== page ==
Shortly before he was killed, my husband and I moved to a rattle-trap beach house on the peninsula in Long Beach. Going to sleep to the sound of the surf and waking to dolphins and pelicans sustained me through the almost unbearable grief. Making the place habitable gave me a task; writing gave me purpose. I am still here, loving the place, taking nothing for granted. www.donnahilbert.com
Author's Note: Here is a poem for my mother and my Aunt Lucy, (my father’s sister) who were best friends from the time of my mother’s marriage at seventeen. They shared a September 3 birthday. They were my muses and two of the liveliest, most energetic women I have ever known. To illustrate the point, here is a photo from 1976 when they returned to the little Oklahoma town where Mother grew up to march in the bicentennial parade. My mom on the left.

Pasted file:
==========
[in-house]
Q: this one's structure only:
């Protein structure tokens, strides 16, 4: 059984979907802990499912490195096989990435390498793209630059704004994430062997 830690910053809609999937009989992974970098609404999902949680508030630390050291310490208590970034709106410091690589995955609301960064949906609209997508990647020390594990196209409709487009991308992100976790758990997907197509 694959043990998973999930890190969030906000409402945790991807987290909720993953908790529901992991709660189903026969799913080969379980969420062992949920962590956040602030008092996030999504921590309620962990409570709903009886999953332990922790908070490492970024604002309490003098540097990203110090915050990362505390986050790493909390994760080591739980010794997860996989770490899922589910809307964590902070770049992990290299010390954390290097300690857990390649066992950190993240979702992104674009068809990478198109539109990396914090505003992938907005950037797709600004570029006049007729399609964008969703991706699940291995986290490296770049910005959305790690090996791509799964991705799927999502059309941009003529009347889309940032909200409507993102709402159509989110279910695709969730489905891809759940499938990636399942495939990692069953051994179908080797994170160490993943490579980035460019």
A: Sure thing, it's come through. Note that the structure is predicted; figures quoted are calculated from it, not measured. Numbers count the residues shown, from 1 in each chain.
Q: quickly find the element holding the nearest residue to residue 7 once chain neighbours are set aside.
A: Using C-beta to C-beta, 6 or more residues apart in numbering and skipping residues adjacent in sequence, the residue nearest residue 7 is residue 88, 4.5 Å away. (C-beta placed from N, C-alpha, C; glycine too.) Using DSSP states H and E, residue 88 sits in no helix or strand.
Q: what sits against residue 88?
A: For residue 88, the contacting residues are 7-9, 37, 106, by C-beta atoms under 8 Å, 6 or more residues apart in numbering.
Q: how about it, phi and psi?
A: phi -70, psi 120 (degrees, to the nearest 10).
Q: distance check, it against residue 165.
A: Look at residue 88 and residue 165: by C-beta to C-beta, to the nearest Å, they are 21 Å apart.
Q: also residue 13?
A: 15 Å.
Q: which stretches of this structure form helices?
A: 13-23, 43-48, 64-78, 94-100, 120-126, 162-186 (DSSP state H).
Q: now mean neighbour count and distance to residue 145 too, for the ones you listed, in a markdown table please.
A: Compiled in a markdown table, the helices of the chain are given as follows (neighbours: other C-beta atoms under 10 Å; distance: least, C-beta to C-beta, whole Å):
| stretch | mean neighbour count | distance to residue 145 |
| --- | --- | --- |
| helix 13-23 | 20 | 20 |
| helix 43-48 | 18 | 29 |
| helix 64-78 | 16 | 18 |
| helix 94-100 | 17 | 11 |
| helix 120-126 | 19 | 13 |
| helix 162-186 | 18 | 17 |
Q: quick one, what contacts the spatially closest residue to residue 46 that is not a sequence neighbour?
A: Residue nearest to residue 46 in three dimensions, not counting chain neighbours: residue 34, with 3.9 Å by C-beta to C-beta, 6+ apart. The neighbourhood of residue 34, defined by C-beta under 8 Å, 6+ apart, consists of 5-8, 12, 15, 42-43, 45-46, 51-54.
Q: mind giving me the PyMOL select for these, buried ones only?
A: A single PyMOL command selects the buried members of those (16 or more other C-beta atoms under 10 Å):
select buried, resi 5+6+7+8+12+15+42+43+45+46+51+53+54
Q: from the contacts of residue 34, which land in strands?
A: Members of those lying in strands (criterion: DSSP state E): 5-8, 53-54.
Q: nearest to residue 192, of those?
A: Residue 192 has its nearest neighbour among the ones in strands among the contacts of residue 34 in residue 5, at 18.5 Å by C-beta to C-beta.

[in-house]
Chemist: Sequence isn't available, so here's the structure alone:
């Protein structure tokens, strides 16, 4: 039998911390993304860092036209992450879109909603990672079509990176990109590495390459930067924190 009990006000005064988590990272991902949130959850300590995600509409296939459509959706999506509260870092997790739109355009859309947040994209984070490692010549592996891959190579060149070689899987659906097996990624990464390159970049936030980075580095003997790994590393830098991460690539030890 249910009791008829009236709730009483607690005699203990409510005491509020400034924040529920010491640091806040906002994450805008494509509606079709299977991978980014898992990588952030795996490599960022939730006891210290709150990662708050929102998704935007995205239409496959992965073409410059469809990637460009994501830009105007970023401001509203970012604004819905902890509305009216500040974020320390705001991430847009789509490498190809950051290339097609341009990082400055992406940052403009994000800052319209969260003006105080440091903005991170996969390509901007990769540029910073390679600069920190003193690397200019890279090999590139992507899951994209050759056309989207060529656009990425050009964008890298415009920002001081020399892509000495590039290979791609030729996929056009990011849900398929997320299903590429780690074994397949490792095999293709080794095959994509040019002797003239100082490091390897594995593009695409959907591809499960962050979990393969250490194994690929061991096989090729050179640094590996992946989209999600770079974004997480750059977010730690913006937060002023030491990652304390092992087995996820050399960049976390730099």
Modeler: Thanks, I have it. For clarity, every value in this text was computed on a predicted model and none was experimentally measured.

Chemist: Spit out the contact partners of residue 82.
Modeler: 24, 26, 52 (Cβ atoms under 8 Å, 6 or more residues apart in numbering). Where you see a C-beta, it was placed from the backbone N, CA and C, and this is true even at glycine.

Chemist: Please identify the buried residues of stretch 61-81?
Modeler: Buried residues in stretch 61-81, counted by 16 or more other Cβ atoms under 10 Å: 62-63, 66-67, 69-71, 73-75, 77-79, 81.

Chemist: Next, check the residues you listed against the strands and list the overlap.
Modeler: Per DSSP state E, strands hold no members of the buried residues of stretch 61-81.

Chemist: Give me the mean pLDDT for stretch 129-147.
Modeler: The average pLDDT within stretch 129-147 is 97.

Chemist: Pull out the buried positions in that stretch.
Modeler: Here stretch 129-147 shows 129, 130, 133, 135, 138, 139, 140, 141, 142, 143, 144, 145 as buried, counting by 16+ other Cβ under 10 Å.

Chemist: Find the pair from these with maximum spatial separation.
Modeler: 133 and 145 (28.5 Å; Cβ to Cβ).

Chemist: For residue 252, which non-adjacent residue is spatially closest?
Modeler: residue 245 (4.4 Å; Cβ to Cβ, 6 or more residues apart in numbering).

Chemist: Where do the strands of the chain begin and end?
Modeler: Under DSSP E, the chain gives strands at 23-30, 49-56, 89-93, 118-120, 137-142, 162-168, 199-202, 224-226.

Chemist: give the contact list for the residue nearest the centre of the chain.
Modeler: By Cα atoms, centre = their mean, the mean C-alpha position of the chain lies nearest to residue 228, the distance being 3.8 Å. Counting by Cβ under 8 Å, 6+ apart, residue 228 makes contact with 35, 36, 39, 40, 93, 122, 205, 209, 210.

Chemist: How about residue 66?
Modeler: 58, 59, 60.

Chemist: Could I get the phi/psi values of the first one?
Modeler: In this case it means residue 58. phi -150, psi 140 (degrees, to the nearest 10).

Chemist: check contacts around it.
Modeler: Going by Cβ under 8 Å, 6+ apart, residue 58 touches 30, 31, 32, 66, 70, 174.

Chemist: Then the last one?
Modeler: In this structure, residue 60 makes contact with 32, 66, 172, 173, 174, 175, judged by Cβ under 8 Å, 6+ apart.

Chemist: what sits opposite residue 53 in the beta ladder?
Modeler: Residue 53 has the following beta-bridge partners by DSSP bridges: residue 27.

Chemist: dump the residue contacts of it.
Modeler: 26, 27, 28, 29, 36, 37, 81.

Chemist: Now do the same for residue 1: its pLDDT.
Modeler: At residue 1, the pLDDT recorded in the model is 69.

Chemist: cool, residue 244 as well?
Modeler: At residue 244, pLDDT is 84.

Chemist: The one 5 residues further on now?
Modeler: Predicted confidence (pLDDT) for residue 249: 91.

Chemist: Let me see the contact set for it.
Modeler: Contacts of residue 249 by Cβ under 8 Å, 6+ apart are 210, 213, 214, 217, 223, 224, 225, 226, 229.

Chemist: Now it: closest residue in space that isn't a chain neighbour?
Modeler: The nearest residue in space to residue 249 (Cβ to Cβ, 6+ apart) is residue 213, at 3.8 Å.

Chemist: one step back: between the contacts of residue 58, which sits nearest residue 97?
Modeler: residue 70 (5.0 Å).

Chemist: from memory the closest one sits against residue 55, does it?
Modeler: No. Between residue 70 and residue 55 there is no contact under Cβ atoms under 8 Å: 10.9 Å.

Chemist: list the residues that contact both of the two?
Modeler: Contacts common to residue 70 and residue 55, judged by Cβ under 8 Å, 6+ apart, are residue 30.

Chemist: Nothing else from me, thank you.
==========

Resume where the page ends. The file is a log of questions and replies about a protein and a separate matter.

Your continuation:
Aunt Lucy and Mother Surprise Me with a Visit
I dash frantic room to room
spread a bed, pick up toys,
kick dog bones into corners.
Before I can change my rumpled shirt
or brush my hair,
the dervishes rush the door.
Mother straightens every painting
in her path. Aunt Lucy arranges
knick-knacks on the mantle.
Mother suggests I fold laundry
as I go. Lucy says to try
some Mop and Glo. They’d
love to put my house in order
if they just had time to loiter.
Outside, the dogs drag trash across
the lawn. Of course, they see this
through my smudgy kitchen window.
I plop a can of tuna in a bowl,
whack celery, onion, pickle
to a furious fine mince, finish
with a squirt of mustard,
glop of mayo, and rip open a bag
of chips and call it lunch.
They eat. They split a Coke.
Then, out they whirl
as quickly as they came.
On the porch, kisses, quick goodbyes.
Then Mother runs her thumb
hard down my spine,
her wordless gesture says it all:
straighten up, young lady, it’s past time.
First published in Mas Tequila Review
©2017 Donna Hilbert
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